Vincent Fecteau

The Art Institute of Chicago

The viewer may find it disconcerting when Vincent Fecteau’s wonderfully erudite abstract sculptures reveal themselves, on close inspection, to be made of papier-mâché. Plaster, ceramic, or cast bronze seem the obvious media in which to produce such classically formal exercises reveling in unpretentious plays of shape, volume, color, and contour. But Fecteau is not compelled by elaborate lost-wax casting techniques; instead he uses simple means, building up these recent works with paper, glue, and gesso.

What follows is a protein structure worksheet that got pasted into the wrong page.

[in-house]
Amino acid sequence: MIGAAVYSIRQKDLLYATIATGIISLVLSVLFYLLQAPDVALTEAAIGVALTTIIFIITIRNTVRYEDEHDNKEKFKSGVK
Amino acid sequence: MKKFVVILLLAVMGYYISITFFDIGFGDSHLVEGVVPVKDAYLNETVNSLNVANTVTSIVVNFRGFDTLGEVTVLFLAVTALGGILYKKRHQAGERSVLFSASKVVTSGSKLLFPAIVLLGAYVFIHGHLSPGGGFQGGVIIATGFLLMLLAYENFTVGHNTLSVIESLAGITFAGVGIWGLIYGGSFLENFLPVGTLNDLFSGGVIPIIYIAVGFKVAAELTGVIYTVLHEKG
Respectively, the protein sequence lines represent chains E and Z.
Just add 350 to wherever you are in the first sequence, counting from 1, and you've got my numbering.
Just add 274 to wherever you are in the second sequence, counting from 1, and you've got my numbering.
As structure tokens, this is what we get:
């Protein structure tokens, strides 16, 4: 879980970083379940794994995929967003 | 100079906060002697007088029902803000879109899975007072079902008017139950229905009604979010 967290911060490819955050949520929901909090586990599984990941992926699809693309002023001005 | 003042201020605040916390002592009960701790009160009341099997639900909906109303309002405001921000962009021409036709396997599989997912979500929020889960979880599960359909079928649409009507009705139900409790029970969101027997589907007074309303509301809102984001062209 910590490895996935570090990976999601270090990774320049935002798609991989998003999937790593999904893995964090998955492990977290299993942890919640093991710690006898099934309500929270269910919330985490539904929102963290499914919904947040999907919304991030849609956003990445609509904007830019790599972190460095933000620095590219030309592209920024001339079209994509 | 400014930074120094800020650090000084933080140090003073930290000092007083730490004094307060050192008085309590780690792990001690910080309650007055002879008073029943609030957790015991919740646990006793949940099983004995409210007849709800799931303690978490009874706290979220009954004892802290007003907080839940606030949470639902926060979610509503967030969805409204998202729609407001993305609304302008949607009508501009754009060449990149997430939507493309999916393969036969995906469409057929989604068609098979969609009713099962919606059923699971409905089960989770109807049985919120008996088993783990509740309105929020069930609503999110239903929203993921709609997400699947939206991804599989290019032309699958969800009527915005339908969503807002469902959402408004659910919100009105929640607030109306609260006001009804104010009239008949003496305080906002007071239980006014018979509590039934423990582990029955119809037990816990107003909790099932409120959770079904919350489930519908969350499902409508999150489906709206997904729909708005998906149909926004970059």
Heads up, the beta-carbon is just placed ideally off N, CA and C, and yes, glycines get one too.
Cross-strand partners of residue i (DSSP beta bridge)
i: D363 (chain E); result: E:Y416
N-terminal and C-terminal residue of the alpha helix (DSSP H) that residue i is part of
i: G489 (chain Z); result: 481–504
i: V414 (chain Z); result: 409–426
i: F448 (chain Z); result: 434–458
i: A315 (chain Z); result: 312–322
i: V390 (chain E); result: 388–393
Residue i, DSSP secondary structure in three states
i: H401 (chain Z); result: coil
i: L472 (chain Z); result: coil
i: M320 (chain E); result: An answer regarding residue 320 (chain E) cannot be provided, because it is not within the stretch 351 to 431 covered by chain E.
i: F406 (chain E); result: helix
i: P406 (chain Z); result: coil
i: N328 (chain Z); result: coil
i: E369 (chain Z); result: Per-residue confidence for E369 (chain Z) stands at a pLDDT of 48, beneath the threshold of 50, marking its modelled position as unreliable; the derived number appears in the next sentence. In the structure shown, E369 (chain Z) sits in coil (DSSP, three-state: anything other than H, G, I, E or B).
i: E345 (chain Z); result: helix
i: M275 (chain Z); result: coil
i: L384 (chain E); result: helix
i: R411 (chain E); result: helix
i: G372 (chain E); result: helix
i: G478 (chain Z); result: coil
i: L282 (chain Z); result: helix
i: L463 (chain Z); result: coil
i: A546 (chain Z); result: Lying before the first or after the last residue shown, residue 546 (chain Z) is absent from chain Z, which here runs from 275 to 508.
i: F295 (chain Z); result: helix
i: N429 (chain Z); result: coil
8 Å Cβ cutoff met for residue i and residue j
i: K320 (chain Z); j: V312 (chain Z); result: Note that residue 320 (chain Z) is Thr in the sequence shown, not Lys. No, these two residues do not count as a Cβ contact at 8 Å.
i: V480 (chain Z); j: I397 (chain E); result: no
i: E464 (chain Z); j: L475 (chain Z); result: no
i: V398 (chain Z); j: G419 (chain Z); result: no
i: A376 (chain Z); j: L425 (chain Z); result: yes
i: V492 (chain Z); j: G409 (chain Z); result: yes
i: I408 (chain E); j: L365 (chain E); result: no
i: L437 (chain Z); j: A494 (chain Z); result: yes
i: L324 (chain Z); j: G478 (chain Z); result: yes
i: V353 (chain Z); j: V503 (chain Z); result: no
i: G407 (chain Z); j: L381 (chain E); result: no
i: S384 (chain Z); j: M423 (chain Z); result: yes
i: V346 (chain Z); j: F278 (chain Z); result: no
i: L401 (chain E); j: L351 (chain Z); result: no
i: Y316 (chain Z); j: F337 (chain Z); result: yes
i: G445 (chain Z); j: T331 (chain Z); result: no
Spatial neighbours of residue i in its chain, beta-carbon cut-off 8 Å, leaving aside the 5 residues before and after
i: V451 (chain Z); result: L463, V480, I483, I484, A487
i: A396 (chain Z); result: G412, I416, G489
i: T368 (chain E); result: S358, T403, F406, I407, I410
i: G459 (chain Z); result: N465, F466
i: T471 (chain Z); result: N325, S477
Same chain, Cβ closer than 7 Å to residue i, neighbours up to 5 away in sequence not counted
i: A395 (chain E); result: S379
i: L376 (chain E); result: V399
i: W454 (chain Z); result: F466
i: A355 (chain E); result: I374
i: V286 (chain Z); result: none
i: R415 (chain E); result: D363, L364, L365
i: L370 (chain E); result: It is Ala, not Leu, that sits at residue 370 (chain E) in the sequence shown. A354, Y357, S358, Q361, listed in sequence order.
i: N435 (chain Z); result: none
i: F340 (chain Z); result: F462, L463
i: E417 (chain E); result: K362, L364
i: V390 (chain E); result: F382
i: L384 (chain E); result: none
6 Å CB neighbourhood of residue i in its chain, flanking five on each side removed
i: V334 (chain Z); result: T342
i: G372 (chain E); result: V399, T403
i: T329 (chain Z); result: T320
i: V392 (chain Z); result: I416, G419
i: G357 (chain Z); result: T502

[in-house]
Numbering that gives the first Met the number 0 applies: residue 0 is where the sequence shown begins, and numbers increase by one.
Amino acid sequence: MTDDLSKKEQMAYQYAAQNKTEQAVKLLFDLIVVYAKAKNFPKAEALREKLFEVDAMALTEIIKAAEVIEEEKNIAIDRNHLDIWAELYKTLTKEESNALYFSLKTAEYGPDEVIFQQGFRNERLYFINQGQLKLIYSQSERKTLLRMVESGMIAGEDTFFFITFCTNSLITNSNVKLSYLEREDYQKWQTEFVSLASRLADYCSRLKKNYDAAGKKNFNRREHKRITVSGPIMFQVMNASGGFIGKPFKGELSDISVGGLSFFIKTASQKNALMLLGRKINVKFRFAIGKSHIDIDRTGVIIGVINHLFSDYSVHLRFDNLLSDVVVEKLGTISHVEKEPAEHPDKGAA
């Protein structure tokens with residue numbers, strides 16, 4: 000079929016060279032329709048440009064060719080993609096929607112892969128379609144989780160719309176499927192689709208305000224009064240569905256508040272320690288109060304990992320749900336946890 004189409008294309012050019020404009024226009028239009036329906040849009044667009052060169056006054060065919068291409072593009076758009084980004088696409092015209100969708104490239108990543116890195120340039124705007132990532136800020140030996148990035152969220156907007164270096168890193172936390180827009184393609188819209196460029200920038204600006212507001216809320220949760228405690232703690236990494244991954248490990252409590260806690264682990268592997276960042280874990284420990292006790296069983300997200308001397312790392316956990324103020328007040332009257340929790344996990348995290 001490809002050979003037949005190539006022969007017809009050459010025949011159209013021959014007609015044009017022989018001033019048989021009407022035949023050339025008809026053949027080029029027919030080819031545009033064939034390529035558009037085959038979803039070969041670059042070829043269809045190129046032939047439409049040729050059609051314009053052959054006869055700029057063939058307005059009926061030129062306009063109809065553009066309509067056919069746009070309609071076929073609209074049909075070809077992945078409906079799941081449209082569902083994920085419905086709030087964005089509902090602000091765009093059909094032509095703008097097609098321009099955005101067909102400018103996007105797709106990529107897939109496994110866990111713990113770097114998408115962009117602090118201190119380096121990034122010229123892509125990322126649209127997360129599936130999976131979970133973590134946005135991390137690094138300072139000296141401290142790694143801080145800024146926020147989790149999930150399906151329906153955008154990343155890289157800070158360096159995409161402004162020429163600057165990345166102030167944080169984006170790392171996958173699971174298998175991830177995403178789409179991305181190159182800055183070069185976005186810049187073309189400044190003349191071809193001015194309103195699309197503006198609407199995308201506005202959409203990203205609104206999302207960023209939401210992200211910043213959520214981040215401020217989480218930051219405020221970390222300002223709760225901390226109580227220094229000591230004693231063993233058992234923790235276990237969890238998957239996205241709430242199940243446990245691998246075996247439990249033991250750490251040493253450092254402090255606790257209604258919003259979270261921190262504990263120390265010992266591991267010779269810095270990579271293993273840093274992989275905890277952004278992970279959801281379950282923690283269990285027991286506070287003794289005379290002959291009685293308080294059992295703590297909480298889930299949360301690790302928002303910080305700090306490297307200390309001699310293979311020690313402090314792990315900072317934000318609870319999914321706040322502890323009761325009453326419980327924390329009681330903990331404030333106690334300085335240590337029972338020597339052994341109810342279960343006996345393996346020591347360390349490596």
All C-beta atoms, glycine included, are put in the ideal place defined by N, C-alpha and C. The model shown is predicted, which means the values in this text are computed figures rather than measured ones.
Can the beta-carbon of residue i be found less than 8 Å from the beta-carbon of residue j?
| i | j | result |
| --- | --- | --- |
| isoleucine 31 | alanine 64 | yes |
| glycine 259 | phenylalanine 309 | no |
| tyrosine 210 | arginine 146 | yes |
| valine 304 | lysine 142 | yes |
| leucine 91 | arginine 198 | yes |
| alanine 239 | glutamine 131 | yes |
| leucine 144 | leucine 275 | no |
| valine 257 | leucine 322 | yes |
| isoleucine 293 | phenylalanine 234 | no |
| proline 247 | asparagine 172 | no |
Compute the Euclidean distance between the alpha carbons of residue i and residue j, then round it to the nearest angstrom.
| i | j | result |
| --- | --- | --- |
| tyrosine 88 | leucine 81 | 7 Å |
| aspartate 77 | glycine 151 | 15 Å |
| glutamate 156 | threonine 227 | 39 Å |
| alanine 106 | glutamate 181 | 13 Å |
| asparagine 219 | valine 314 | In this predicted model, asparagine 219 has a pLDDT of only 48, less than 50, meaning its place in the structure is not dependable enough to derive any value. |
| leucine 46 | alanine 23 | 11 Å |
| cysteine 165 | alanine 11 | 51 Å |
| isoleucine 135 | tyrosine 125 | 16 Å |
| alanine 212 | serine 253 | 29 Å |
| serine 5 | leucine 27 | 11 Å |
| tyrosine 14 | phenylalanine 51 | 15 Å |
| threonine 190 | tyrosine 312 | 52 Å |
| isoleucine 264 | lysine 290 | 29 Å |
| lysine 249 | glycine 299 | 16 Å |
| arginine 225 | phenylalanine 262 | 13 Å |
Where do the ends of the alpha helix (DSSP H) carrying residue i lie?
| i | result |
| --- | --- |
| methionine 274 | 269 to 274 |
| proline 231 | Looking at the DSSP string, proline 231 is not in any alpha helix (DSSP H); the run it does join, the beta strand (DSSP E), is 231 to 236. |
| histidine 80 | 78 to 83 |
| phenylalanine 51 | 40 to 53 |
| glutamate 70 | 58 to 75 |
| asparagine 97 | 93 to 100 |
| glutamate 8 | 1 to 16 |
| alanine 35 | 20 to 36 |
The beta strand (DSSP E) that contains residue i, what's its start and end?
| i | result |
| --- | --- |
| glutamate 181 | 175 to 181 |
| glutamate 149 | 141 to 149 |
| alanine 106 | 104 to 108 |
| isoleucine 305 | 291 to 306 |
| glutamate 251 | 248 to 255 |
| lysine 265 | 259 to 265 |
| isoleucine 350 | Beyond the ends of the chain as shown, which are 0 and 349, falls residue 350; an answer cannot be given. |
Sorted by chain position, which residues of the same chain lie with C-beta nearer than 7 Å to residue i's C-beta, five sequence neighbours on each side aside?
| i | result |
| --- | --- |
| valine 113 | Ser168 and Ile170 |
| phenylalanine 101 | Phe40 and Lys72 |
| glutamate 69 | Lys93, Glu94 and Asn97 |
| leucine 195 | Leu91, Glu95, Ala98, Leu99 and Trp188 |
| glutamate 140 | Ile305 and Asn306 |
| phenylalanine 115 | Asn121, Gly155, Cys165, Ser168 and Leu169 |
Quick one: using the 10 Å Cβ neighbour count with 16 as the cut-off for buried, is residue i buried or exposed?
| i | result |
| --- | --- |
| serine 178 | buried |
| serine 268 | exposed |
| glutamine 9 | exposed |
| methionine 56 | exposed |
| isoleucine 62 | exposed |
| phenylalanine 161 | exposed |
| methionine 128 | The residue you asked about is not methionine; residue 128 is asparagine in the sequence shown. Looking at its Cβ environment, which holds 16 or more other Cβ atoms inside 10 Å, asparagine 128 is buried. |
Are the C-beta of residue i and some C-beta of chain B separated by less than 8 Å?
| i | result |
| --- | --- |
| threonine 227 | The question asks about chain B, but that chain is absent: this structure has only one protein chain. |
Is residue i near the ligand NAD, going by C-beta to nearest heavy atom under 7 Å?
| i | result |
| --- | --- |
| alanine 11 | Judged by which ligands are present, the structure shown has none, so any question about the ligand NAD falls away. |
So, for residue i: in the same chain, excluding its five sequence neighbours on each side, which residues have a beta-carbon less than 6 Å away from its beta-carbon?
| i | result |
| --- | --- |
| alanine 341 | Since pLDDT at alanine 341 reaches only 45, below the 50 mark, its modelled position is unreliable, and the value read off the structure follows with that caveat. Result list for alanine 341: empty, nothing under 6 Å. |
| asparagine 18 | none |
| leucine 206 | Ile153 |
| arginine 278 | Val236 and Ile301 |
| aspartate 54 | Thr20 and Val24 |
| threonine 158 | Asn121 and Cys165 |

Curator James Rondeau notes in the exhibition brochure that “few artists have made such deceptively modest and idiosyncratic works so assured, involuted, and transformative.” Rondeau’s designations are right, though one of them only partially so, for while the exhibition’s eight small objects (all works Untitled, 2008) may be idiosyncratic in their individual forms, Fecteau’s abstract practice

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